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Ophthalmology

Ophthalmology and Eye Disease in Diabetes: Diabetic eye disease can be devastating, leading to severe vision impairment or blindness. While retinopathy is most common, other problems common to diabetics include glaucoma, macular edema, and cataract. Educating your diabetes patients to get an annual, comprehensive eye exam can help them reduce the risk of these and other eye issues. You’ll find the latest insights to protect your patients here and in our weekly newsletters.

The Association of Ankle-Brachial Index and Diabetic Retinopathy in Patients with Type 2 Diabetes

The difference between low and high ankle-brachial index can be indicator for diabetic retinopathy… Patients with diabetes are at a greater risk for peripheral artery disease caused by atherosclerosis. Previous studies showed that many diabetic patients who received an amputation had peripheral artery disease. The ankle-brachial index is used as …

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Do Supplements Help Diabetes Vision?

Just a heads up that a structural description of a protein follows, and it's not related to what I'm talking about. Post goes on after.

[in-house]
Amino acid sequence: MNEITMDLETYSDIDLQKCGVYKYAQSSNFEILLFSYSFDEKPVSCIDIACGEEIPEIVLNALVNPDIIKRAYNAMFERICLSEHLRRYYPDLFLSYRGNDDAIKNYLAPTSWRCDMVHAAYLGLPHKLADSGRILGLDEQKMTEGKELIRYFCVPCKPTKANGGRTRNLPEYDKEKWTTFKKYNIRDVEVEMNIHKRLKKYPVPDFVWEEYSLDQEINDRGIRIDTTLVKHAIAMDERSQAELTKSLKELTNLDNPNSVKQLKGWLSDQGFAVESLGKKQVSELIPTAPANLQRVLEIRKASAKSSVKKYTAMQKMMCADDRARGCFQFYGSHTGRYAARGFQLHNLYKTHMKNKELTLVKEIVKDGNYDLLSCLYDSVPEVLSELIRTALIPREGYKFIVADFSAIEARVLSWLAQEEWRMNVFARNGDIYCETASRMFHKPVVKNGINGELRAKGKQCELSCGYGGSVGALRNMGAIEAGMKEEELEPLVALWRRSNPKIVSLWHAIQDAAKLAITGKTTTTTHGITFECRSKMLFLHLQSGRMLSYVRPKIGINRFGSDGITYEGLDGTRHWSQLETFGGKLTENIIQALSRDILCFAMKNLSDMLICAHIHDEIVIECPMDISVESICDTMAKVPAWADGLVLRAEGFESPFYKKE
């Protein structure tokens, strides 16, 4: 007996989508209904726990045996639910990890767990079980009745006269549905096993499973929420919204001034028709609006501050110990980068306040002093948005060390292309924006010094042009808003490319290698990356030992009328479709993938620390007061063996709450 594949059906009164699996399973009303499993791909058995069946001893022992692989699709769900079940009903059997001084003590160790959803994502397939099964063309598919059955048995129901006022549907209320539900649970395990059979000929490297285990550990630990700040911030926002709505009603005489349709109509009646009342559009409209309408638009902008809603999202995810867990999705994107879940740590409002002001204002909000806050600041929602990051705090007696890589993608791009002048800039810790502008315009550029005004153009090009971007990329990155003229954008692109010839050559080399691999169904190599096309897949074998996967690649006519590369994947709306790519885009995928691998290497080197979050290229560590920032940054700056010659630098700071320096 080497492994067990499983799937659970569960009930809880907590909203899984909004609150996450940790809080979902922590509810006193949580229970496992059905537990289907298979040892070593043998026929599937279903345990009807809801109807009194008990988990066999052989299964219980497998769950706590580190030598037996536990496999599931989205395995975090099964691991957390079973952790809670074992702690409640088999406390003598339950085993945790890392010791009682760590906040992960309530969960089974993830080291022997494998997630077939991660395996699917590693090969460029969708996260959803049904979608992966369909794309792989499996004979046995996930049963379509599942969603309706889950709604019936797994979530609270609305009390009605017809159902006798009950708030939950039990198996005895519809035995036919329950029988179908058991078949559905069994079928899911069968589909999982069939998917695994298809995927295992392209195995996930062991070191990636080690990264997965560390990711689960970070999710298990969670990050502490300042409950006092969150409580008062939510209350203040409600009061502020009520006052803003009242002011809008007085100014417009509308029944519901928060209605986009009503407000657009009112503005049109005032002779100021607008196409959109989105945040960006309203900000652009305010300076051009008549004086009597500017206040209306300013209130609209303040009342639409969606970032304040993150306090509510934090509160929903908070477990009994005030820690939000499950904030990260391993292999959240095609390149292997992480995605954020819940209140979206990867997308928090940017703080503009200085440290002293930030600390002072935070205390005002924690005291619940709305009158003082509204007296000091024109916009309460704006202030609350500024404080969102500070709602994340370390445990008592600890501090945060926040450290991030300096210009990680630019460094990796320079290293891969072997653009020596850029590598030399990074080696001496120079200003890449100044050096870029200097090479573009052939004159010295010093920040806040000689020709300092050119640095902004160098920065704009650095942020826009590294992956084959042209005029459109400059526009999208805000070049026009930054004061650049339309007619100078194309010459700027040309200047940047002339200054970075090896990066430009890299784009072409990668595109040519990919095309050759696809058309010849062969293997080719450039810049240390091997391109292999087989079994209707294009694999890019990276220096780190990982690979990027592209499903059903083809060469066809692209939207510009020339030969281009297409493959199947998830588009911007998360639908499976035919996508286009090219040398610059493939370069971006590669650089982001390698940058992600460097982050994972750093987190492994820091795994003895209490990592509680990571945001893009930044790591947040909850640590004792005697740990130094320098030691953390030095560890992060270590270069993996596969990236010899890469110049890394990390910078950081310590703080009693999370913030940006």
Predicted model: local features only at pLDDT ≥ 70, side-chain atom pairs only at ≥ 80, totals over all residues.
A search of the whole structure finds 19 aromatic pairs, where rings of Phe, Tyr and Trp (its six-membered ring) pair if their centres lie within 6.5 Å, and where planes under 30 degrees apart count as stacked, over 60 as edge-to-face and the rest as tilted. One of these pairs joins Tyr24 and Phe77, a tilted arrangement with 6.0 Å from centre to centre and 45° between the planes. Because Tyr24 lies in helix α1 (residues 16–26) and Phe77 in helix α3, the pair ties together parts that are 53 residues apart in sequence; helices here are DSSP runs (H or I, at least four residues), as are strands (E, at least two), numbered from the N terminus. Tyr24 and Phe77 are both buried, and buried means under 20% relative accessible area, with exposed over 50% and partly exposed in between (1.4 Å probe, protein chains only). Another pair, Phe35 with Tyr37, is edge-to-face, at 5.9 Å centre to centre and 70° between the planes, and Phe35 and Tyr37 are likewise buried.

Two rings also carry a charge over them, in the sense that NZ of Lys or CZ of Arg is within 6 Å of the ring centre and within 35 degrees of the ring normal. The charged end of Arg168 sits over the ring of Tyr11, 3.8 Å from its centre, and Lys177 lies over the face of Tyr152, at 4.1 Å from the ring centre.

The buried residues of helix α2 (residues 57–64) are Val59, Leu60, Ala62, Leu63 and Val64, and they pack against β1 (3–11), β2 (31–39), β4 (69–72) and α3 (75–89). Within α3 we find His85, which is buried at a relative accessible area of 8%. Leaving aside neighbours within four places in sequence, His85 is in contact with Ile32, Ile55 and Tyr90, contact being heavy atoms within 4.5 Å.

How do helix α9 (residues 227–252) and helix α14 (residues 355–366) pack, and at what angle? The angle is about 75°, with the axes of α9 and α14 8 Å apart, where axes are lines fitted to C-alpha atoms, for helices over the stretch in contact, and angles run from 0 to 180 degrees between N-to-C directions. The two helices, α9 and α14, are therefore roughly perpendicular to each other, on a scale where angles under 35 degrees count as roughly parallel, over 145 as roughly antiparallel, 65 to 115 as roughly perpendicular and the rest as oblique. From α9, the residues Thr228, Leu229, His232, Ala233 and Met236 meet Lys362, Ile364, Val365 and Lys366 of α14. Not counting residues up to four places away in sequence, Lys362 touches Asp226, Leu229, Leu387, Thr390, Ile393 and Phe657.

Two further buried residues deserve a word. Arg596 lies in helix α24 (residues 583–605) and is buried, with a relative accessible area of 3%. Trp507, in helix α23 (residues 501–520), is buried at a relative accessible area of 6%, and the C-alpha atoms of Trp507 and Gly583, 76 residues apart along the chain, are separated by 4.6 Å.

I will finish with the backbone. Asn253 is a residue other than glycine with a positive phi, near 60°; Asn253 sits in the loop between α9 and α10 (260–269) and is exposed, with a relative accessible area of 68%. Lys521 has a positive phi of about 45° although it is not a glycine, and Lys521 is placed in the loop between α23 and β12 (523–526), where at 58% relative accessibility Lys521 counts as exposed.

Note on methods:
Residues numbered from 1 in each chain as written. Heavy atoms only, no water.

Protection of visual function may signal disruption of mechanisms underlying diabetic retinopathy (DR)… This was a 6-month randomized, controlled clinical trial of patients with type 1 and type 2 diabetes with no retinopathy or mild to moderate non-proliferative retinopathy assigned to twice-daily consumption of placebo or a novel, multi-component formula …

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Practical Diabetes Care, 3rd Ed., Excerpt #19: Diabetes and the Eye Part 3 of 4

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David Levy, MD, FRCP      Pre-proliferative retinopathy An important diagnosis, as there is a very high risk of progression to proliferative retinopathy and significant visual loss. Pre-proliferative changes are characterized by the following. Multiple (> 5) cotton-wool spots. Multiple large blot hemorrhages. Venous abnormalities: irregularities, beading, looping or reduplication. Intraretinal microvascular abnormalities: …

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Practical Diabetes Care, 3rd Ed., Excerpt #18: Diabetes and the Eye Part 2 of 4

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David Levy, MD, FRCP      Non-proliferative diabetic retinopathy Background retinopathy Microaneurysms Small, red, intraretinal lesions usually found at the posterior pole of the eye, around the disc and macula. They occur in areas of capillary non-perfusion and show leakage of fluorescein. It is worthwhile estimating the number of microaneurysms as it has …

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